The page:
Letter from Birdland: Feathered friends

In Birdland, we're getting hints of autumn already. Broad hints. Fifty-degree hints.

The chill is in the air, and the daylight hours are shrinking fast. Oh, I like it, but it's a sobering reminder that summer doesn't last forever.

Leaves haven't started turning yet, and we still have some black-eyed Susans. The dark red chrysanthemums are blooming, but the sedum is in its glory.

Rabies: The key word is prevention

By Sarah Netherton/University of Illinois College of Veterinary Medicine

According to the Centers for Disease Control and Prevention, more than 55,000 people die each year worldwide due to the rabies virus. Although most of these deaths occur outside of the United States, it is still important to understand the seriousness this disease poses to humans and pets.

Doug Wilson is ready to tackle some new challenges

After acting in university and community theater productions here, Broadlands native Doug Wilson moved to New York to break into show business.

To support himself he worked as a handyman. Eventually he built a clientele that included Michael Bloomberg before he became mayor — for seven years Wilson maintained his Upper East Side townhouse.

Hey bartender: At 84, Brass Rail owner has his routine down

Editor's note: This story kicks off our series of profiles highlighting Active Aging Week, which started Saturday and runs through Friday. Coming Monday: A look at an 80-year-old MTD driver, Franklin Delano Longfellow.

Hit the beach: Plenty of choice at Punta del Este

By Nicole Southey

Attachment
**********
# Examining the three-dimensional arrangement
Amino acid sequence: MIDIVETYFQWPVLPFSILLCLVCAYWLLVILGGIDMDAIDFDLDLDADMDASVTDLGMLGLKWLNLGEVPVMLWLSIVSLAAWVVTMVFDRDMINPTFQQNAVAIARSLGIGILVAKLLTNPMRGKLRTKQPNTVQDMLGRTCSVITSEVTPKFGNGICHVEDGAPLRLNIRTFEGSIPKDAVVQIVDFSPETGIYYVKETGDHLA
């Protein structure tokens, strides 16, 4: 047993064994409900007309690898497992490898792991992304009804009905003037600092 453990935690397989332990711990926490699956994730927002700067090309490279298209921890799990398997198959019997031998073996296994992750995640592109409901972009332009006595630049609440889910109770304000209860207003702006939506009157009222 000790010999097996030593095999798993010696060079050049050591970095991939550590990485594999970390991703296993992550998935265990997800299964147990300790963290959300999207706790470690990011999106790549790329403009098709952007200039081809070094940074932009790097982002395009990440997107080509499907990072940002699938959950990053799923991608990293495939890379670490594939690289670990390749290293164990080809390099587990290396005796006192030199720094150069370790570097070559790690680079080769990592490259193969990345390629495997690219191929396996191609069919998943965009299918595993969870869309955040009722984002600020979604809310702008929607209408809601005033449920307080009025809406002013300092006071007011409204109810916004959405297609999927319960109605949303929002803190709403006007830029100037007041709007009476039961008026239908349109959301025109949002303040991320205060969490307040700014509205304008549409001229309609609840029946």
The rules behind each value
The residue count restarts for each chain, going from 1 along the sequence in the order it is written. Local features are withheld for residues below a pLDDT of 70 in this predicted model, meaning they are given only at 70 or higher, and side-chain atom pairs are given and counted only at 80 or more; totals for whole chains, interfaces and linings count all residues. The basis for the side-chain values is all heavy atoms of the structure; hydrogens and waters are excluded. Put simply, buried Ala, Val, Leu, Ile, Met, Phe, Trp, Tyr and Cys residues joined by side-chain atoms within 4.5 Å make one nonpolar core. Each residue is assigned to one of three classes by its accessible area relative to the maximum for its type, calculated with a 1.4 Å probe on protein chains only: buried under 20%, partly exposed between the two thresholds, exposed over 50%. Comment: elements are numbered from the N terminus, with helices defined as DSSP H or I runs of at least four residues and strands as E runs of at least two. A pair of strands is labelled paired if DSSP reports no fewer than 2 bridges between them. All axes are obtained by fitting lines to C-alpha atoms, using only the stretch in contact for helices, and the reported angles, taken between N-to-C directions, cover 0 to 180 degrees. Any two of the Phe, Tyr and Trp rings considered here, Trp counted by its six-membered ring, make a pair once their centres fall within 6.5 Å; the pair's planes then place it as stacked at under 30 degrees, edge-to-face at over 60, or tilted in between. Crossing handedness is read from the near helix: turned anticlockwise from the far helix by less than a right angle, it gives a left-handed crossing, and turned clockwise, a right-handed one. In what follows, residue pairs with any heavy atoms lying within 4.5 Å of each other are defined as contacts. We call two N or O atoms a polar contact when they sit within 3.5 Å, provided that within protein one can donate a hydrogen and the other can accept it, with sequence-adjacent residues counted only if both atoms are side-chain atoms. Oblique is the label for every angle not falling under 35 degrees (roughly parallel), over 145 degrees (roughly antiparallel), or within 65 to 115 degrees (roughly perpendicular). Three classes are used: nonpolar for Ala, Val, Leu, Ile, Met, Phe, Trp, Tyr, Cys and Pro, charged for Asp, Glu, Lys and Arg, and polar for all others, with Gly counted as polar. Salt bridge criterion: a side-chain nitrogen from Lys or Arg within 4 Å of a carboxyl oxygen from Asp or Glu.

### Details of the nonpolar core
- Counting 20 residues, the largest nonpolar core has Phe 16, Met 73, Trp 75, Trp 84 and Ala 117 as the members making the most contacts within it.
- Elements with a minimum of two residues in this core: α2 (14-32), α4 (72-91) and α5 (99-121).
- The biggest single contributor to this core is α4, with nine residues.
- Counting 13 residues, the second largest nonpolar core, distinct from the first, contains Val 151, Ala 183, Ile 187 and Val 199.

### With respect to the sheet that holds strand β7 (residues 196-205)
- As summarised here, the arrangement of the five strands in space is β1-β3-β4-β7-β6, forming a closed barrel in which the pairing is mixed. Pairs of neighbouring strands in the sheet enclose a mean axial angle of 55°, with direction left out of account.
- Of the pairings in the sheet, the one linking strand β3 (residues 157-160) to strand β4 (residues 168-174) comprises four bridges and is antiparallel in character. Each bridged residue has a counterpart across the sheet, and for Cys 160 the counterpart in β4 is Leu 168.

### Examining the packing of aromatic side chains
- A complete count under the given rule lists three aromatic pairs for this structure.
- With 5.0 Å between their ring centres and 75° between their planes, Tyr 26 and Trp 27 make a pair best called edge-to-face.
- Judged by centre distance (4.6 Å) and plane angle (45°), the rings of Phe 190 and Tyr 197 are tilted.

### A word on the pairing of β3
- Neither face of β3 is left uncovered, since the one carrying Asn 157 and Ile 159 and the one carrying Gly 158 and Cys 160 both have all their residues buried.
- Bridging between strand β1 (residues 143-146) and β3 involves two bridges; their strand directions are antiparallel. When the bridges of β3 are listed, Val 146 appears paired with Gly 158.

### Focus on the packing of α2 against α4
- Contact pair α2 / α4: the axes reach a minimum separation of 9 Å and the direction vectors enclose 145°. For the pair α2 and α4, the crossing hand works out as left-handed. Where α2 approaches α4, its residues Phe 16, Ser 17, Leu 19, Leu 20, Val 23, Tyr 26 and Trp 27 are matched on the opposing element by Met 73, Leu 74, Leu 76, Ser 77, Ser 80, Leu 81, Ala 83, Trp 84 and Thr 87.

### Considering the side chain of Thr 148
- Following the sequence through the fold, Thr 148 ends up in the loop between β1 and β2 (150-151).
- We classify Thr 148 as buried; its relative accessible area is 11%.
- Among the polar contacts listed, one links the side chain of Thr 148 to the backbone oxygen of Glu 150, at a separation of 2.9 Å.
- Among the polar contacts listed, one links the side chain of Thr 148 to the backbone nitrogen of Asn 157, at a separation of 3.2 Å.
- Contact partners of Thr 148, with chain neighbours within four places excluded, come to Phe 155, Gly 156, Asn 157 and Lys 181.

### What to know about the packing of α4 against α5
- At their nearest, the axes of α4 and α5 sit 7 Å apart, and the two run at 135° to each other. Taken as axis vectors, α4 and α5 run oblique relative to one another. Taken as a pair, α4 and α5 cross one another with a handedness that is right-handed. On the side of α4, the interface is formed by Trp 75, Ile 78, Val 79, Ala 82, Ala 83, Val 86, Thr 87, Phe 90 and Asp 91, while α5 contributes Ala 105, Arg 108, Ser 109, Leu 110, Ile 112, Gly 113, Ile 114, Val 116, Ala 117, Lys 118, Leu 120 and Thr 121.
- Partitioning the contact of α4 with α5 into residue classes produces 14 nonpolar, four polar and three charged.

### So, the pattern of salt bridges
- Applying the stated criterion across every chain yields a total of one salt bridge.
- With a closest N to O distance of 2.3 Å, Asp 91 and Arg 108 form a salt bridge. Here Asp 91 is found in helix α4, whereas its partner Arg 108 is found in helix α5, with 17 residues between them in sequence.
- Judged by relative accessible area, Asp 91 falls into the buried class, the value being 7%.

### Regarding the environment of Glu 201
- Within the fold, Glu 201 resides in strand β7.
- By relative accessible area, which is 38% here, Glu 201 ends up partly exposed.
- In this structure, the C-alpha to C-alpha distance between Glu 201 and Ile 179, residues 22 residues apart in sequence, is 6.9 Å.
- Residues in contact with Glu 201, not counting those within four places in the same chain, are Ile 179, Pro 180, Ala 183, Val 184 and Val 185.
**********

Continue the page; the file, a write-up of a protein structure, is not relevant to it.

I visited Punta del Este (Punta to the regulars) earlier this year with my family. Punta is a famous resort in Uruguay (South America) that is visited by the stars (Ryan Seacrest, Jennifer Lopez) and tourists mostly from Argentina and Brazil. Tourists arrive by car, air or cruise ships.

John Roska: Divorce, part 1

Q: Please explain the whole divorce process. What papers get filed? What kinds of fees are there? How many court dates? How long does it take?

Getting Personal: Peggy Patten

Peggy Patten talks about her career in education at her home in Urbana.

Reluctant Townie: The decline of my recliner

A couple of weeks ago, I used this column to make my feelings about the fall season known to the world (or at least East Central Illinois), and it appears that autumn got the message, because it has since done its very best to give me the reciprocal middle finger — and it's reached its bony arm throug

Getting Personal: Peggy Patten

Getting Personal is a Q&A with a local personality. Here, 59-year-old Urbana resident Peggy Patten chats with The News-Gazette's Melissa Merli. Patten retired June 30 after working for 30-some years in early childhood education as a teacher and a teacher educator. She spent most of those years at the University of Illinois.

Environmental Almanac: An ecological look at the humble acorn

Last week I found a walnut on my windowsill, lovely and round with an unblemished bright green husk. Soon after, another appeared stuck in the wheel of my car. Now they're cached everywhere around the outside of our house, from the shelf on the grill to the flowerpots on the deck.